Researchers from Penn State University, Loughborough University and the University of Sydney recently published a study on hair fiber morphology and function that explored the evolutionary emergence of scalp hair.
The paper, published in the Federation of American Societies for Experimental Biology (FASEB) journal, explained that humans are unique among mammals in that our bodies are nearly naked but we grow scalp hair; at least at some point in life. One hypothesis has been given that hair scalp evolved as a protective barrier against heat from solar radiation for bipedal savannah dwellers, as managing this thermal load would be important considering the thermogenic and thermosensitive human brain. So, these authors put this idea to the test.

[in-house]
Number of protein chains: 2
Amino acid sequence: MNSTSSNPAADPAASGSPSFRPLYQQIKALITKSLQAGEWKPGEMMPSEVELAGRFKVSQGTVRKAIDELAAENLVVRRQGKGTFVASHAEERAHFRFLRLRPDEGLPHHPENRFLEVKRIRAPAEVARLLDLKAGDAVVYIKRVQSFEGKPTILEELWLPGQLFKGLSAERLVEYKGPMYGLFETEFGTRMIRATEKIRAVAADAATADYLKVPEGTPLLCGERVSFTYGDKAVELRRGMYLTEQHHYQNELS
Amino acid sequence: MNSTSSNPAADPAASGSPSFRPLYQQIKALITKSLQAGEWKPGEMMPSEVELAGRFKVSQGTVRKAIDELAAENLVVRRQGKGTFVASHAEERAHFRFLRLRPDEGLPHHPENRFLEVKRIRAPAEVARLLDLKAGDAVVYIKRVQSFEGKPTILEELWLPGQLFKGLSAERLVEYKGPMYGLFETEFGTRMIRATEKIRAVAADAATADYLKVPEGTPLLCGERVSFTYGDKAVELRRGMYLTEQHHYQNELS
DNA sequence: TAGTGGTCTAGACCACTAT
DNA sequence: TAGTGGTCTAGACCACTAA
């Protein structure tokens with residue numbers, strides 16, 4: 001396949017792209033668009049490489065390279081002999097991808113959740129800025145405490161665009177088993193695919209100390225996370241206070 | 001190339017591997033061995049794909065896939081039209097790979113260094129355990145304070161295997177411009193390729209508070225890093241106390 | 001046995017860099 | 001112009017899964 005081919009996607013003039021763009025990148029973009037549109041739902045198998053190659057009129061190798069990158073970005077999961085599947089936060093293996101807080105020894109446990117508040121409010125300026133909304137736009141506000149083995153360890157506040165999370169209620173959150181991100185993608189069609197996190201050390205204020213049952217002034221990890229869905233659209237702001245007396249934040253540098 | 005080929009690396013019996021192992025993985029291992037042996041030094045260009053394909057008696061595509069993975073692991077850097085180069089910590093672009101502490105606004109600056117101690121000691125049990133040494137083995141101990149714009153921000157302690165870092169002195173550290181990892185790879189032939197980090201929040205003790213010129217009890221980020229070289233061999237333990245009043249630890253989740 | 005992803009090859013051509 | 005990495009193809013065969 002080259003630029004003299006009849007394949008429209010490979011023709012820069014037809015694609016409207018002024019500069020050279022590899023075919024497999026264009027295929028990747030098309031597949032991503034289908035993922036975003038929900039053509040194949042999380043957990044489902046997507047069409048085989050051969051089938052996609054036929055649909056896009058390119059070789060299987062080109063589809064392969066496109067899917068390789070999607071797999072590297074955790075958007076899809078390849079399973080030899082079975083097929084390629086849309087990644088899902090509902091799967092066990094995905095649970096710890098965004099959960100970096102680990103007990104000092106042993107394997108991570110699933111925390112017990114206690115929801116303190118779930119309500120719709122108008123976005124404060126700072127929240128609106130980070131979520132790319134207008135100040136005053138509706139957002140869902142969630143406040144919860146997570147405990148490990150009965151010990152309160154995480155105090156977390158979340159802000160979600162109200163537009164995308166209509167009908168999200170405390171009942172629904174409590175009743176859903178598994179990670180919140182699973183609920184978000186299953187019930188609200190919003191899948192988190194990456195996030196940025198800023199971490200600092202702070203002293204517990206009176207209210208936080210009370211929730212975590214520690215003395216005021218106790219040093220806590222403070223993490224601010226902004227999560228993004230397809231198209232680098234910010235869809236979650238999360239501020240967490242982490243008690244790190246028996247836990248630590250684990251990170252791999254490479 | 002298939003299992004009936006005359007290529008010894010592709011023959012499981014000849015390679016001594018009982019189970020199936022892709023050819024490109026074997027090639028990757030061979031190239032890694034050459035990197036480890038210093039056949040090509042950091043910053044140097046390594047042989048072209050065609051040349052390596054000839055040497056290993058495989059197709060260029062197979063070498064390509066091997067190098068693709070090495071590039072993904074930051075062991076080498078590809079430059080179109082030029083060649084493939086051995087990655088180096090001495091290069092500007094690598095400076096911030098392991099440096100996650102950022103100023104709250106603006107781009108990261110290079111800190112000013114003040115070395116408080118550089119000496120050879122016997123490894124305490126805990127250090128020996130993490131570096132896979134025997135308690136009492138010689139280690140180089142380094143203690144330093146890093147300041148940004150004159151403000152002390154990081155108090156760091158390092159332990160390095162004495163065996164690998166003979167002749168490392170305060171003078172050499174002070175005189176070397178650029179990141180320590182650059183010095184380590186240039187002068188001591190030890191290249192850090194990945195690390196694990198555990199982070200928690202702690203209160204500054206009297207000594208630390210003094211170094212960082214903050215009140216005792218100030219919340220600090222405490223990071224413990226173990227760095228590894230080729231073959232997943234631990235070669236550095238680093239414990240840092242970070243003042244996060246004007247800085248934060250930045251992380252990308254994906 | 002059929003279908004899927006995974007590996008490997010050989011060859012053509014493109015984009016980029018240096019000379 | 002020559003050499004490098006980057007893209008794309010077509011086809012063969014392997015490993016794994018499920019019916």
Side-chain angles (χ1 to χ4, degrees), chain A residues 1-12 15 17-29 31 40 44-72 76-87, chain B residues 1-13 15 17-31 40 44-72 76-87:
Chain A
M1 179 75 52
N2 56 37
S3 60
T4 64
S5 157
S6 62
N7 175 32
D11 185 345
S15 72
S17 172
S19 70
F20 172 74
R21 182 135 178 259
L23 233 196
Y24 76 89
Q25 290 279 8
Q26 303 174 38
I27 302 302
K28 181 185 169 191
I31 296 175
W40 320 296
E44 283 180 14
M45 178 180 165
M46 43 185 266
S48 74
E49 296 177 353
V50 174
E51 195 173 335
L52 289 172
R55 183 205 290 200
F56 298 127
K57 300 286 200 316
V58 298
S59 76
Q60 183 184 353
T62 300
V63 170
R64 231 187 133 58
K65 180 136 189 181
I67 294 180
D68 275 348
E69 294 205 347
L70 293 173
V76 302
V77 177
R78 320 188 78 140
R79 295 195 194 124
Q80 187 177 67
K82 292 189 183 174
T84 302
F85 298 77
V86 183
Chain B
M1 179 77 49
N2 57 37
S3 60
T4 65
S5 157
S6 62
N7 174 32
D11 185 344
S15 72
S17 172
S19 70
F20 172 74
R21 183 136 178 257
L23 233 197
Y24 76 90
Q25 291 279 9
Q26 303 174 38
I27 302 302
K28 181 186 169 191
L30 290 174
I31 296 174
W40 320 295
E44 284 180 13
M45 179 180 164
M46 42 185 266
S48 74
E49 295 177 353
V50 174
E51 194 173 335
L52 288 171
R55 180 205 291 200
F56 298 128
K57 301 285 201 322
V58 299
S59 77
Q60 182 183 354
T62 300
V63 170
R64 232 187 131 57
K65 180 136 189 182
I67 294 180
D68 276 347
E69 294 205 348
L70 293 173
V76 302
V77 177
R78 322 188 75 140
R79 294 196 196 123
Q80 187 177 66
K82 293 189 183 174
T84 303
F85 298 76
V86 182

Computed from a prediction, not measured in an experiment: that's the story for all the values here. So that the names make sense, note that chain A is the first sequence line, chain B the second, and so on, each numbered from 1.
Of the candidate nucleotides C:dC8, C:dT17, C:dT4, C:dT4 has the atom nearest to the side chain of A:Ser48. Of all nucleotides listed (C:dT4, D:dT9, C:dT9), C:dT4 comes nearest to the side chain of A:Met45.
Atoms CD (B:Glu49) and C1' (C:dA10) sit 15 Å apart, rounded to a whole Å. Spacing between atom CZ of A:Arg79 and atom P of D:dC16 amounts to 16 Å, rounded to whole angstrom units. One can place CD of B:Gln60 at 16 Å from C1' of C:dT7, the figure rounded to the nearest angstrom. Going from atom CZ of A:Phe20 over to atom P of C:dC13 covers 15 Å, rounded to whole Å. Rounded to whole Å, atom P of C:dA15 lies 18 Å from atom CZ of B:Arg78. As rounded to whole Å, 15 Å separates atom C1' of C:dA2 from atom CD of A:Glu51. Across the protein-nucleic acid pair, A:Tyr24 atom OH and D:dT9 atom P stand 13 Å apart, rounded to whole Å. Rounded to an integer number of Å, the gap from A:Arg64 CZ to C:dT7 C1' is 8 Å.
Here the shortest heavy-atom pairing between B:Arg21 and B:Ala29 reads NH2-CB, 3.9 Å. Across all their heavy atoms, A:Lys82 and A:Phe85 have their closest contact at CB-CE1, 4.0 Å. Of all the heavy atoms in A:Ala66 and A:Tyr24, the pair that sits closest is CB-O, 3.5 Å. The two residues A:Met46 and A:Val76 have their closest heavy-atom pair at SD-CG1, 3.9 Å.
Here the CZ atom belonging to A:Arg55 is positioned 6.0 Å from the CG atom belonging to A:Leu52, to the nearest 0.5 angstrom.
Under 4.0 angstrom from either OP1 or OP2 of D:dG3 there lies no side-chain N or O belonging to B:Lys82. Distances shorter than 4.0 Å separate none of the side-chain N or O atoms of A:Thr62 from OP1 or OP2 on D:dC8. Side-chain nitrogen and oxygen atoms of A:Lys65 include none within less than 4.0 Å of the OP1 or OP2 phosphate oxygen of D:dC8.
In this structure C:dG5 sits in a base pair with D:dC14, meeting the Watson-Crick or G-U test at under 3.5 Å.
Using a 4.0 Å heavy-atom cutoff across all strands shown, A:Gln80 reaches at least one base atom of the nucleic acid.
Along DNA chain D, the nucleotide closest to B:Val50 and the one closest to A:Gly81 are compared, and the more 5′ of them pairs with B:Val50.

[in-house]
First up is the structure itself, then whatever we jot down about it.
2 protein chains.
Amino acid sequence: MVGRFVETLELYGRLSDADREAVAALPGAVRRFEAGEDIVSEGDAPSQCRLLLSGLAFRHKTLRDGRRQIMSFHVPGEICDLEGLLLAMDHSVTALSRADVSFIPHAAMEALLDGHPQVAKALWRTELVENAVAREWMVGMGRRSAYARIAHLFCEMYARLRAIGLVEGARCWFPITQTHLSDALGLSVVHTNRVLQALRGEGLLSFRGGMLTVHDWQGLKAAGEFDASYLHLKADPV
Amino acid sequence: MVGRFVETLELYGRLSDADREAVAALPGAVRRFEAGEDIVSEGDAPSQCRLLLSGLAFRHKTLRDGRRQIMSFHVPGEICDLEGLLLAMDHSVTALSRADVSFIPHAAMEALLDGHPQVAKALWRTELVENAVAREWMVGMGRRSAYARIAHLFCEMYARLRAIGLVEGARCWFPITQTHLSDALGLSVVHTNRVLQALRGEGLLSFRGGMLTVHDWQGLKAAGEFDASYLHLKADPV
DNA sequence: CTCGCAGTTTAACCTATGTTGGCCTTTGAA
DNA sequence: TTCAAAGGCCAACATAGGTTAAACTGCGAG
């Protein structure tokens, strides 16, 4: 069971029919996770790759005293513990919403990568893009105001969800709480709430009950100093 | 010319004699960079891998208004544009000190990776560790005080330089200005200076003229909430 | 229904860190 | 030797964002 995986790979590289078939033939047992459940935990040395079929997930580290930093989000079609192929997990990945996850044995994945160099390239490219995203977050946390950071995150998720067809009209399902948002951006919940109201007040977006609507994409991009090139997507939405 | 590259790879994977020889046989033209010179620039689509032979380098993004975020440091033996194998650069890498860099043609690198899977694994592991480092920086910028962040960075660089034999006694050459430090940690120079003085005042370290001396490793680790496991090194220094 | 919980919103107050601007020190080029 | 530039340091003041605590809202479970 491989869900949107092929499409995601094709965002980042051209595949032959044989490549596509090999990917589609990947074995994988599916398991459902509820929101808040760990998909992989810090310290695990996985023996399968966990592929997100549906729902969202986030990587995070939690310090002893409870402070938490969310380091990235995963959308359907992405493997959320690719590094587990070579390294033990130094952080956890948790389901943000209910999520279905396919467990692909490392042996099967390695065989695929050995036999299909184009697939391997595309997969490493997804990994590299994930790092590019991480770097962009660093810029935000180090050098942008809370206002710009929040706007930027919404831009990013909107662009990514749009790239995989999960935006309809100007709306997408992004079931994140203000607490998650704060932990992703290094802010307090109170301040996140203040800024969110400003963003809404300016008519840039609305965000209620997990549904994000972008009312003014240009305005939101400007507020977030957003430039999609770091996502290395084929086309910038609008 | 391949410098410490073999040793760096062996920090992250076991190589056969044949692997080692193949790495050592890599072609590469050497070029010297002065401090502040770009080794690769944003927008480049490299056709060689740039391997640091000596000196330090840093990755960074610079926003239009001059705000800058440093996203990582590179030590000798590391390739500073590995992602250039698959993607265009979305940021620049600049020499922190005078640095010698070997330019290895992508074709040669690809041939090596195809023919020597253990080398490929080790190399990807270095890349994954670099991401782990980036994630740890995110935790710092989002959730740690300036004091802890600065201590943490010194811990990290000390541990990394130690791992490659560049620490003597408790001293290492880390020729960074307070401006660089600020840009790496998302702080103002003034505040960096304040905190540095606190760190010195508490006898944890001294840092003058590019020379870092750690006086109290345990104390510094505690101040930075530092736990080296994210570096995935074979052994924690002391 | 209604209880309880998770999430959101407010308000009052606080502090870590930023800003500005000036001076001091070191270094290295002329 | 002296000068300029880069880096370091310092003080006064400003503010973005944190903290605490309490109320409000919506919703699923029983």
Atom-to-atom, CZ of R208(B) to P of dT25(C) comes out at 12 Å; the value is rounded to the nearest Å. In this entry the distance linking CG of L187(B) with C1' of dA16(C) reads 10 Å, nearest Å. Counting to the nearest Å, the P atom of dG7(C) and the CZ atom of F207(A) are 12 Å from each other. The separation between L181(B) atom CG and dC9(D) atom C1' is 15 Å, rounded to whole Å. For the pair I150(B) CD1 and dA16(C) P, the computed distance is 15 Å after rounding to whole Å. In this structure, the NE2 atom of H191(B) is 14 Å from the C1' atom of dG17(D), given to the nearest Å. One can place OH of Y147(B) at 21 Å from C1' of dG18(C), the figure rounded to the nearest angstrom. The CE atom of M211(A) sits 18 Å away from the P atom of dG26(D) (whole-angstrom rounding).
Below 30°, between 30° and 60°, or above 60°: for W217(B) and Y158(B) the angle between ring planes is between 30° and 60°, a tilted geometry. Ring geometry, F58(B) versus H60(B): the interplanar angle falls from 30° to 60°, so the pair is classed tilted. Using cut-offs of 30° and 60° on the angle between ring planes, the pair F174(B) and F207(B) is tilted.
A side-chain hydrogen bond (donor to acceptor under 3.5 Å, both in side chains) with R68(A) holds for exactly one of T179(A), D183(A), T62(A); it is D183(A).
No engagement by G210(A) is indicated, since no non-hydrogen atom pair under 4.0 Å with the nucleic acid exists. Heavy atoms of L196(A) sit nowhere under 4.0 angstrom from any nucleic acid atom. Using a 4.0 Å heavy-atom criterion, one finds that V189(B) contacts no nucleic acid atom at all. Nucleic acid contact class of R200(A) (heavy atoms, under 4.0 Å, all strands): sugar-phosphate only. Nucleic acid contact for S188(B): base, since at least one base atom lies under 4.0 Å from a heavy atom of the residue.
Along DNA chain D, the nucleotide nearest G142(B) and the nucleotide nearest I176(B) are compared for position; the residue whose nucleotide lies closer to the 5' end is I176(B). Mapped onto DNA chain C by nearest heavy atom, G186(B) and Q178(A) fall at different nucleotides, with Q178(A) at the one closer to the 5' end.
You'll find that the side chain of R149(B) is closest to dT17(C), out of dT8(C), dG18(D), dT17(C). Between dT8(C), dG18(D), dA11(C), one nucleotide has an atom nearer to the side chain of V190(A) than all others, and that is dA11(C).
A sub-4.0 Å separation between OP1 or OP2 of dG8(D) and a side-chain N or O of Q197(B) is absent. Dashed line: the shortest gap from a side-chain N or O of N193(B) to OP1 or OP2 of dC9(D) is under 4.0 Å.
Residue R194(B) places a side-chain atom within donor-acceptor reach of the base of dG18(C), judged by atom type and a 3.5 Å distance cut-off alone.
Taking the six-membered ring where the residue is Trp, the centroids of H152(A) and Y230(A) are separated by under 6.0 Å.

According to the article abstract, a thermal manikin was used to collected data on heat flux when it was equipped with no wig and wigs of various hair textures. Preliminary results showed that tightly curled scalp hair especially minimized the heat gained from solar radiation. Additional studies are expected.